Radial Velocities as an Exoplanet Discovery Method [EPA]


The precise radial velocity technique is a cornerstone of exoplanetary astronomy. Astronomers measure Doppler shifts in the star’s spectral features, which track the line-of/sight gravitational accelerations of a star caused by the planets orbiting it. The method has its roots in binary star astronomy, and exoplanet detection represents the low-companion-mass limit of that application. This limit requires control of several effects of much greater magnitude than the signal sought: the motion of the telescope must be subtracted, the instrument must be calibrated, and spurious Doppler shifts “jitter” must be mitigated or corrected. Two primary forms of instrumental calibration are the stable spectrograph and absorption cell methods, the former being the path taken for the next generation of spectrographs. Spurious, apparent Doppler shifts due to non-center-of-mass motion (jitter) can be the result of stellar magnetic activity or photospheric motions and granulation. Several avoidance, mitigation, and correction strategies exist, including careful analysis of line shapes and radial velocity wavelength dependence.

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J. Wright
Wed, 26 Jul 17

Comments: Invited review chapter. 13pp

Centroid vetting of transiting planet candidates from the Next Generation Transit Survey [EPA]


The Next Generation Transit Survey (NGTS), operating in Paranal since 2016, is a wide-field survey to detect Neptunes and super-Earths transiting bright stars, which are suitable for precise radial velocity follow-up and characterisation. Thereby, its sub-mmag photometric precision and ability to identify false positives are crucial. Particularly, variable background objects blended in the photometric aperture frequently mimic Neptune-sized transits and are costly in follow-up time. These objects can best be identified with the centroiding technique: if the photometric flux is lost off-centre during an eclipse, the flux centroid shifts towards the centre of the target star. Although this method has successfully been employed by the Kepler mission, it has previously not been implemented from the ground. We present a fully-automated centroid vetting algorithm developed for NGTS, enabled by our high-precision auto-guiding. Our method allows detecting centroid shifts with an average precision of 0.75 milli-pixel, and down to 0.25 milli-pixel for specific targets, for a pixel size of 4.97 arcsec. The algorithm is now part of the NGTS candidate vetting pipeline and automatically employed for all detected signals. Further, we develop a joint Bayesian fitting model for all photometric and centroid data, allowing to disentangle which object (target or background) is causing the signal, and what its astrophysical parameters are. We demonstrate our method on two NGTS objects of interest. These achievements make NGTS the first ground-based wide-field transit survey ever to successfully apply the centroiding technique for automated candidate vetting, enabling the production of a robust candidate list before follow-up.

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M. Gunther, D. Queloz, E. Gillen, et. al.
Wed, 26 Jul 17

Comments: Accepted for publication in MNRAS 29 Jul 2017. 15 pages, 15 figures, 3 tables. This is the authors’ version of the manuscript

Hydrodynamics of embedded planets' first atmospheres – III. The role of radiation transport for super-Earth planets [EPA]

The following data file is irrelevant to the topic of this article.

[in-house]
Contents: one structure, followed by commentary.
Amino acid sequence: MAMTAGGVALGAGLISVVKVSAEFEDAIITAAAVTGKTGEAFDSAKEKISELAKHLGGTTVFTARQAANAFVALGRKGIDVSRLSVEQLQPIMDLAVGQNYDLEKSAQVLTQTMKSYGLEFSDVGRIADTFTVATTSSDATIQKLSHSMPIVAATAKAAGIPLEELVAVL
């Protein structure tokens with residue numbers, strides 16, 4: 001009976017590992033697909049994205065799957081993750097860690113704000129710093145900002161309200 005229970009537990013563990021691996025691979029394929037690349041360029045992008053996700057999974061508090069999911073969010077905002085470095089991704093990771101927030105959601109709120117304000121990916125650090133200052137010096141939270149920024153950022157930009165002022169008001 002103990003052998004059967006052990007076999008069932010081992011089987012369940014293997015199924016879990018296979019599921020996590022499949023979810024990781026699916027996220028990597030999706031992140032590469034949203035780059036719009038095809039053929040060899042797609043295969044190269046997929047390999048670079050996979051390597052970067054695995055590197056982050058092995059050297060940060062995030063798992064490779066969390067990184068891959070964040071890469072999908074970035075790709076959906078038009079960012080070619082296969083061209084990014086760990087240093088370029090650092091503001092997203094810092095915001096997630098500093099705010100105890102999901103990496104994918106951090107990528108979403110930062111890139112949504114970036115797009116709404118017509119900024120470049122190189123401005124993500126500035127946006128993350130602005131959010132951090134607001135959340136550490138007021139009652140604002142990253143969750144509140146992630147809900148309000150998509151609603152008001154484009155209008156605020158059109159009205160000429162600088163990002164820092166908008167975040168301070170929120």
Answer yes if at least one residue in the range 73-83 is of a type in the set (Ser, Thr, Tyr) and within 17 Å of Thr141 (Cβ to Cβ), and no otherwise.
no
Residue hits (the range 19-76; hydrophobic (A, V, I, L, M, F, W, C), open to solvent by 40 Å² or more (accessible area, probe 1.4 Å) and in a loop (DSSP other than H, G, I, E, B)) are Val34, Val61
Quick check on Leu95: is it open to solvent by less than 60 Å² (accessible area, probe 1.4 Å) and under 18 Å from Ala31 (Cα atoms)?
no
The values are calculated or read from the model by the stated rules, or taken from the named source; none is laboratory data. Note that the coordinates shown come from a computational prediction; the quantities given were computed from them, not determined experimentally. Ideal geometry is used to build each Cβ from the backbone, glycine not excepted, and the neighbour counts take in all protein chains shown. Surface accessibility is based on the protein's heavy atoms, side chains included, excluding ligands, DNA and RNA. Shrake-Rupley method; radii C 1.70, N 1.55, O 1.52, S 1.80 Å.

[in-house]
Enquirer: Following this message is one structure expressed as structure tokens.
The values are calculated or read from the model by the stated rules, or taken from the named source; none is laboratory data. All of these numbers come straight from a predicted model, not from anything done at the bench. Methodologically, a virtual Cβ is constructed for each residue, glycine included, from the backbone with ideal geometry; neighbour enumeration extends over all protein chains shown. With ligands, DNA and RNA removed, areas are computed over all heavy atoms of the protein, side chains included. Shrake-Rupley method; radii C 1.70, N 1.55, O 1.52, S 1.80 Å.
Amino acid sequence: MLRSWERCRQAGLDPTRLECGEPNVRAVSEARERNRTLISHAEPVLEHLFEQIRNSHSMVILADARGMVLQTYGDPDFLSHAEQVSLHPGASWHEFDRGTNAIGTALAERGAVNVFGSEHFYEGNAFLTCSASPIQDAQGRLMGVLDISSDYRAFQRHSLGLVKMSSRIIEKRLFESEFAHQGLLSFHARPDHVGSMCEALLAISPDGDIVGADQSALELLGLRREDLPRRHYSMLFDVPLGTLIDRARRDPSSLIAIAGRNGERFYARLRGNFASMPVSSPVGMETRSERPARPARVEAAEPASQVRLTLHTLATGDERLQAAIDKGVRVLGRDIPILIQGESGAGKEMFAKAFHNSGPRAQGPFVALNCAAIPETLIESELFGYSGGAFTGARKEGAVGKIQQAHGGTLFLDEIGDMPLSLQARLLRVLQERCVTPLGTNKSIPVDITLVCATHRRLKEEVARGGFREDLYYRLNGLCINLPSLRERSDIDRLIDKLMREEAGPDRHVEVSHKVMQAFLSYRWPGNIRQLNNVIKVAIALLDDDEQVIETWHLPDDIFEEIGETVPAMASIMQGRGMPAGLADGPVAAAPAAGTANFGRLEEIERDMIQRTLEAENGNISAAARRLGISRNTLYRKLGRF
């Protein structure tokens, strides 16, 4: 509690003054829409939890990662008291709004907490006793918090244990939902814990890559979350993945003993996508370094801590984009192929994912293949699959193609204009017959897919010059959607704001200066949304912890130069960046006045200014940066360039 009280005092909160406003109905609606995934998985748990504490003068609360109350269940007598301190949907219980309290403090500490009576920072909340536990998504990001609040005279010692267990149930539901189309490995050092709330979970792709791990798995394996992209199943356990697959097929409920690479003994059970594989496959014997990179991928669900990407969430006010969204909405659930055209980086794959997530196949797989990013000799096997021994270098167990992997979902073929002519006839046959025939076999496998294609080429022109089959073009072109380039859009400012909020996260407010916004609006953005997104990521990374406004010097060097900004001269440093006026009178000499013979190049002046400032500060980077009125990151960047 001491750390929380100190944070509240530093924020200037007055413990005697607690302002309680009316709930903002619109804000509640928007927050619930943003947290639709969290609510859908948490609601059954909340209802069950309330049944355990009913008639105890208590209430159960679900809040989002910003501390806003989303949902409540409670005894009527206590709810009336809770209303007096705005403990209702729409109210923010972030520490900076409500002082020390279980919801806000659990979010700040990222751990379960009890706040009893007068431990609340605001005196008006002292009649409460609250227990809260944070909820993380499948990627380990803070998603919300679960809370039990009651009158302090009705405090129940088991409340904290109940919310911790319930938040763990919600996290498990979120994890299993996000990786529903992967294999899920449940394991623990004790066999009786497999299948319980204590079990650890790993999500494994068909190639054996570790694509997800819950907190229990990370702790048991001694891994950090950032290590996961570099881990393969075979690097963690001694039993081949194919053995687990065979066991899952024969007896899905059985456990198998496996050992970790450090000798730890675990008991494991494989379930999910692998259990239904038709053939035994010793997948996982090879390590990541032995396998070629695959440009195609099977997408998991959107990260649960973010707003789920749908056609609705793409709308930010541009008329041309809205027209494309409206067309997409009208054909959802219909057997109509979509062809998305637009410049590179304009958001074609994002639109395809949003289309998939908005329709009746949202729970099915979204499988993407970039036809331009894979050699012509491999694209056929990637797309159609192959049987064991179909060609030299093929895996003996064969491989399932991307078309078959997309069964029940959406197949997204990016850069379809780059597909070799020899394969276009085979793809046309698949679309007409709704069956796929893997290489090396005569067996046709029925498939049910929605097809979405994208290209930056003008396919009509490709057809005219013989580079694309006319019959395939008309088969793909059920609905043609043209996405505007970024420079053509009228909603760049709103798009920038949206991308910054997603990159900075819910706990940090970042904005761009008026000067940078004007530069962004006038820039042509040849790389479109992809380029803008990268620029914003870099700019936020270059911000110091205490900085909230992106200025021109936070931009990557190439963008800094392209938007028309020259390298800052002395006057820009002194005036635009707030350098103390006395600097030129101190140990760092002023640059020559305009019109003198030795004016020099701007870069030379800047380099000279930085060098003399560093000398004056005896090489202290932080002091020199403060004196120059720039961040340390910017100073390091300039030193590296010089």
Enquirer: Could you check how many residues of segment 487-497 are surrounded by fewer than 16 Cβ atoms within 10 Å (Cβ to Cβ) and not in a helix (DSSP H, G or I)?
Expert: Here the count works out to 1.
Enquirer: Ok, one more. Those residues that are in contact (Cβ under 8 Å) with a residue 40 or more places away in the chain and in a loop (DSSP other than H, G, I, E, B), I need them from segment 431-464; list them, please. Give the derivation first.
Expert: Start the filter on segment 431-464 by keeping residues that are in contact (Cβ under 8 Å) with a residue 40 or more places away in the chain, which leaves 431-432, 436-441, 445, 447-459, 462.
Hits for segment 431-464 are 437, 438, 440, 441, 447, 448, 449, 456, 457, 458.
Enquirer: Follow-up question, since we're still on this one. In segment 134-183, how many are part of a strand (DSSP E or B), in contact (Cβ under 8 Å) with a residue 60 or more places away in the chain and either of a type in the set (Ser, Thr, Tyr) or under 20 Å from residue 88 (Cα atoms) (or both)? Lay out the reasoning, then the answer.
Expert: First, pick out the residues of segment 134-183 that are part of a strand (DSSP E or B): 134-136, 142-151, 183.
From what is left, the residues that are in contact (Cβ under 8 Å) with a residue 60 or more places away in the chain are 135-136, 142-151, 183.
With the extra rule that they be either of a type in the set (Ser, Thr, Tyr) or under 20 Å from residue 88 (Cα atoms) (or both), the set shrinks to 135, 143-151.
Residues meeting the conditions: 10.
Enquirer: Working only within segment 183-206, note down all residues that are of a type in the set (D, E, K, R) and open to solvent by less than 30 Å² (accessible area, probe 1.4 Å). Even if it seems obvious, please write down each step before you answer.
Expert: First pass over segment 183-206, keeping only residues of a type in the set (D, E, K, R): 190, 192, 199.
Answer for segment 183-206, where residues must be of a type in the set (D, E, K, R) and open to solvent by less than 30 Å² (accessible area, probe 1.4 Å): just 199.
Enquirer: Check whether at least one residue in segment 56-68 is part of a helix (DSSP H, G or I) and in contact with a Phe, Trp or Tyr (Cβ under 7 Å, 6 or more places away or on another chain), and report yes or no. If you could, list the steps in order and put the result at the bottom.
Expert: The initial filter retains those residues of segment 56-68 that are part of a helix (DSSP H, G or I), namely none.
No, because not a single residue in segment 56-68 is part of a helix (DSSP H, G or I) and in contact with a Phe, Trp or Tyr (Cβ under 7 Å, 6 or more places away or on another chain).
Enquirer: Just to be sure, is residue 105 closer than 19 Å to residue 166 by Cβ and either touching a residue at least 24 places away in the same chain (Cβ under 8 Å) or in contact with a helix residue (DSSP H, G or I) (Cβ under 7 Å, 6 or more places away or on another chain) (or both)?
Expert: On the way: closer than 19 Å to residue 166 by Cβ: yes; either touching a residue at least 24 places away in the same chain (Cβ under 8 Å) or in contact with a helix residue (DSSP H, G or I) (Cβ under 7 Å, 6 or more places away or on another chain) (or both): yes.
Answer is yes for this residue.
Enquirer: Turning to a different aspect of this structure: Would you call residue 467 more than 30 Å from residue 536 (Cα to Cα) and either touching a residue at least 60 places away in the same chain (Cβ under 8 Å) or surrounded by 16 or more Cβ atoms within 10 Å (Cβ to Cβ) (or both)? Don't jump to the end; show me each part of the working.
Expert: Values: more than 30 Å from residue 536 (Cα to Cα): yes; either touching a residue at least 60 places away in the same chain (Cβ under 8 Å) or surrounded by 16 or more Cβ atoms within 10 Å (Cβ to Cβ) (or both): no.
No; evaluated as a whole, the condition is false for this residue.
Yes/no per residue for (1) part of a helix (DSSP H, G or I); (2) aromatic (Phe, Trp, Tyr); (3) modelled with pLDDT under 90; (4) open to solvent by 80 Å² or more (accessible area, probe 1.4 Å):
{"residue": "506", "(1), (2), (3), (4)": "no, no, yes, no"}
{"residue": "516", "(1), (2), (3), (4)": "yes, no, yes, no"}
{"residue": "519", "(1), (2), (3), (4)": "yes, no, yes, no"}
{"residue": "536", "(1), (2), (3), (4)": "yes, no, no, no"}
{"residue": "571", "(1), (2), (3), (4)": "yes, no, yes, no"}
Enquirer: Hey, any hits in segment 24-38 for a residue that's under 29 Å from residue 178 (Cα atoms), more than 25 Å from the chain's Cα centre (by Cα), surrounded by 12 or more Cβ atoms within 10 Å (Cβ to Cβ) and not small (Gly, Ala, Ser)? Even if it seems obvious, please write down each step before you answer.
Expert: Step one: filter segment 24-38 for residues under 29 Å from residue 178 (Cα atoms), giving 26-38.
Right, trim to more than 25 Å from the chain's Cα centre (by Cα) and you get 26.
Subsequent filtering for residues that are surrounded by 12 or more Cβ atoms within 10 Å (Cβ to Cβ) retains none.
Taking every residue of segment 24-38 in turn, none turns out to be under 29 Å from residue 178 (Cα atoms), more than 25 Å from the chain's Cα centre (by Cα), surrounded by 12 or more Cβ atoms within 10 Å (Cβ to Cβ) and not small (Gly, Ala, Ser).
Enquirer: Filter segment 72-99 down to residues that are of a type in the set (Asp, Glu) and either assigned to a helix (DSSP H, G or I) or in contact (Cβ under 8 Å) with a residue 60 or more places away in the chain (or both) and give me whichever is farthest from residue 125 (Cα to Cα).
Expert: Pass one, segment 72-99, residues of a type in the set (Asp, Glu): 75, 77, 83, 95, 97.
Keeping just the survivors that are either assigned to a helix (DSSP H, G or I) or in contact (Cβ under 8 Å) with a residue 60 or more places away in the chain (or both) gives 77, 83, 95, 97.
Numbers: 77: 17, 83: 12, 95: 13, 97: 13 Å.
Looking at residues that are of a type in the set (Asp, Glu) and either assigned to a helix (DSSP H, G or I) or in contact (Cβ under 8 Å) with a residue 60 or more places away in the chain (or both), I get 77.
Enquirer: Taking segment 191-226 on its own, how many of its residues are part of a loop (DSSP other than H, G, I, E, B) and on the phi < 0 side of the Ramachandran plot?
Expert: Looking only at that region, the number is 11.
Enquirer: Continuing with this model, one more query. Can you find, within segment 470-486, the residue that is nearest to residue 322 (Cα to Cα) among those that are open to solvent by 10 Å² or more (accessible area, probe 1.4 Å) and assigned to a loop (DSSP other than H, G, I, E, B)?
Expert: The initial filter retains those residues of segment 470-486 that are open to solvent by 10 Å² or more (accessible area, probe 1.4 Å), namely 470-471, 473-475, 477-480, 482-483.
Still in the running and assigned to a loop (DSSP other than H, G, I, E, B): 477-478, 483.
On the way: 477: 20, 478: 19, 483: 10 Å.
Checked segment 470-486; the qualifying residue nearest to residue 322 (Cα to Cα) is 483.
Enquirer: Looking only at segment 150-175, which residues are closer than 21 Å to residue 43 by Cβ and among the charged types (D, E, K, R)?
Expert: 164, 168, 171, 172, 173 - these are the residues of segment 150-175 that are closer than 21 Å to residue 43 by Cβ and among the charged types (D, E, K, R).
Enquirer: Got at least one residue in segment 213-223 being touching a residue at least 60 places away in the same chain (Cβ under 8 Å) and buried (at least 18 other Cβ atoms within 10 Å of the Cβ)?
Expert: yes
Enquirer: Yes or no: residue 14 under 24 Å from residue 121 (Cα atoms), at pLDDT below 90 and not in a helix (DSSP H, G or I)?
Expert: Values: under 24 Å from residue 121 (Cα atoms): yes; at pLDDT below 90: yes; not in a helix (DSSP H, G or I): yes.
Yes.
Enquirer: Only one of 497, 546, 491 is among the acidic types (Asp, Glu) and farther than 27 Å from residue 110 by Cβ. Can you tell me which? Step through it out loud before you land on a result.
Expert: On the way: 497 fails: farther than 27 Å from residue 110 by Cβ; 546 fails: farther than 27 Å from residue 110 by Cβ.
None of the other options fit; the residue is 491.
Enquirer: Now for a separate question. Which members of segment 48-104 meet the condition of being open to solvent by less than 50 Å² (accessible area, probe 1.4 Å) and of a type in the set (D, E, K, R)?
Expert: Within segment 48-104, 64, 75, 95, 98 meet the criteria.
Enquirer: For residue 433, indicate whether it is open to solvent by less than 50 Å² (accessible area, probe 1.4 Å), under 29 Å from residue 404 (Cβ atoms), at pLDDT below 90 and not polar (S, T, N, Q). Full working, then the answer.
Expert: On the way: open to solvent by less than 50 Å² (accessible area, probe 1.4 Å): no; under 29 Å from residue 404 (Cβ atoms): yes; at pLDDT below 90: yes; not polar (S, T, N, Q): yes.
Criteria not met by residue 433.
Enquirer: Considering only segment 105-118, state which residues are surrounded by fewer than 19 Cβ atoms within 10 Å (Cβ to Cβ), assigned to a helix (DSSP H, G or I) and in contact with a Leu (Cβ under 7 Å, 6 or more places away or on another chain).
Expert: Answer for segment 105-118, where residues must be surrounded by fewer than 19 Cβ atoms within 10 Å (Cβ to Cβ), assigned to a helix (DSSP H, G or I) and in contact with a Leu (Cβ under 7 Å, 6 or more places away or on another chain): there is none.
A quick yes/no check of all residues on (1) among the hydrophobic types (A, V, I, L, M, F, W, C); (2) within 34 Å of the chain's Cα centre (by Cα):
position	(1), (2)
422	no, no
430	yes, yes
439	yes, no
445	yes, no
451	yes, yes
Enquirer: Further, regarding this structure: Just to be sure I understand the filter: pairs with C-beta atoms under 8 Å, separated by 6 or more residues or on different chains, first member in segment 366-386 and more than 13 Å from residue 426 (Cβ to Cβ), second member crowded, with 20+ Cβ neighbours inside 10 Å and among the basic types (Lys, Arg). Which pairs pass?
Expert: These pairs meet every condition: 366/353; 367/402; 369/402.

The population of close-in super-Earths, with gas mass fractions of up to 10% represents a challenge for planet formation theory: how did they avoid runaway gas accretion and collapsing to hot Jupiters despite their core masses being in the critical range of $M_\mathrm{c} \simeq 10 M_\mathrm{\oplus}$? Previous three-dimensional (3D) hydrodynamical simulations indicate that atmospheres of low-mass planets cannot be considered isolated from the protoplanetary disc, contrary to what is assumed in 1D-evolutionary calculations. This finding is referred to as the recycling hypothesis. In this Paper we investigate the recycling hypothesis for super-Earth planets, accounting for realistic 3D radiation hydrodynamics. Also, we conduct a direct comparison in terms of the evolution of the entropy between 1D and 3D geometries. We clearly see that 3D atmospheres maintain higher entropy: although gas in the atmosphere loses entropy through radiative cooling, the advection of high entropy gas from the disc into the Bondi/Hill sphere slows down Kelvin-Helmholtz contraction, potentially arresting envelope growth at a sub-critical gas mass fraction. Recycling, therefore, operates vigorously, in line with results by previous studies. However, we also identify an “inner core” — in size $\approx$ 25% of the Bondi radius — where streamlines are more circular and entropies are much lower than in the outer atmosphere. Future studies at higher resolutions are needed to assess whether this region can become hydrodynamically-isolated on long time-scales.

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N. Cimerman, R. Kuiper and C. Ormel
Wed, 26 Jul 17

Comments: 16 pages, 12 figures, accepted for publication at MNRAS

Stationary waves and slowly moving features in the night upper clouds of Venus [EPA]


At the cloud top level of Venus (65-70 km altitude) the atmosphere rotates 60 times faster than the underlying surface, a phenomenon known as superrotation. Whereas on Venus’s dayside the cloud top motions are well determined and Venus general circulation models predict a mean zonal flow at the upper clouds similar on both day and nightside, the nightside circulation remains poorly studied except for the polar region. Here we report global measurements of the nightside circulation at the upper cloud level. We tracked individual features in thermal emission images at 3.8 and 5.0 $\mathrm{\mu m}$ obtained between 2006 and 2008 by the Visible and Infrared Thermal Imaging Spectrometer (VIRTIS-M) onboard Venus Express and in 2015 by ground-based measurements with the Medium-Resolution 0.8-5.5 Micron Spectrograph and Imager (SpeX) at the National Aeronautics and Space Administration Infrared Telescope Facility (NASA/IRTF). The zonal motions range from -110 to -60 m s$^{-1}$, consistent with those found for the dayside but with larger dispersion. Slow motions (-50 to -20 m s$^{-1}$) were also found and remain unexplained. In addition, abundant stationary wave patterns with zonal speeds from -10 to +10 m s$^{-1}$ dominate the night upper clouds and concentrate over the regions of higher surface elevation.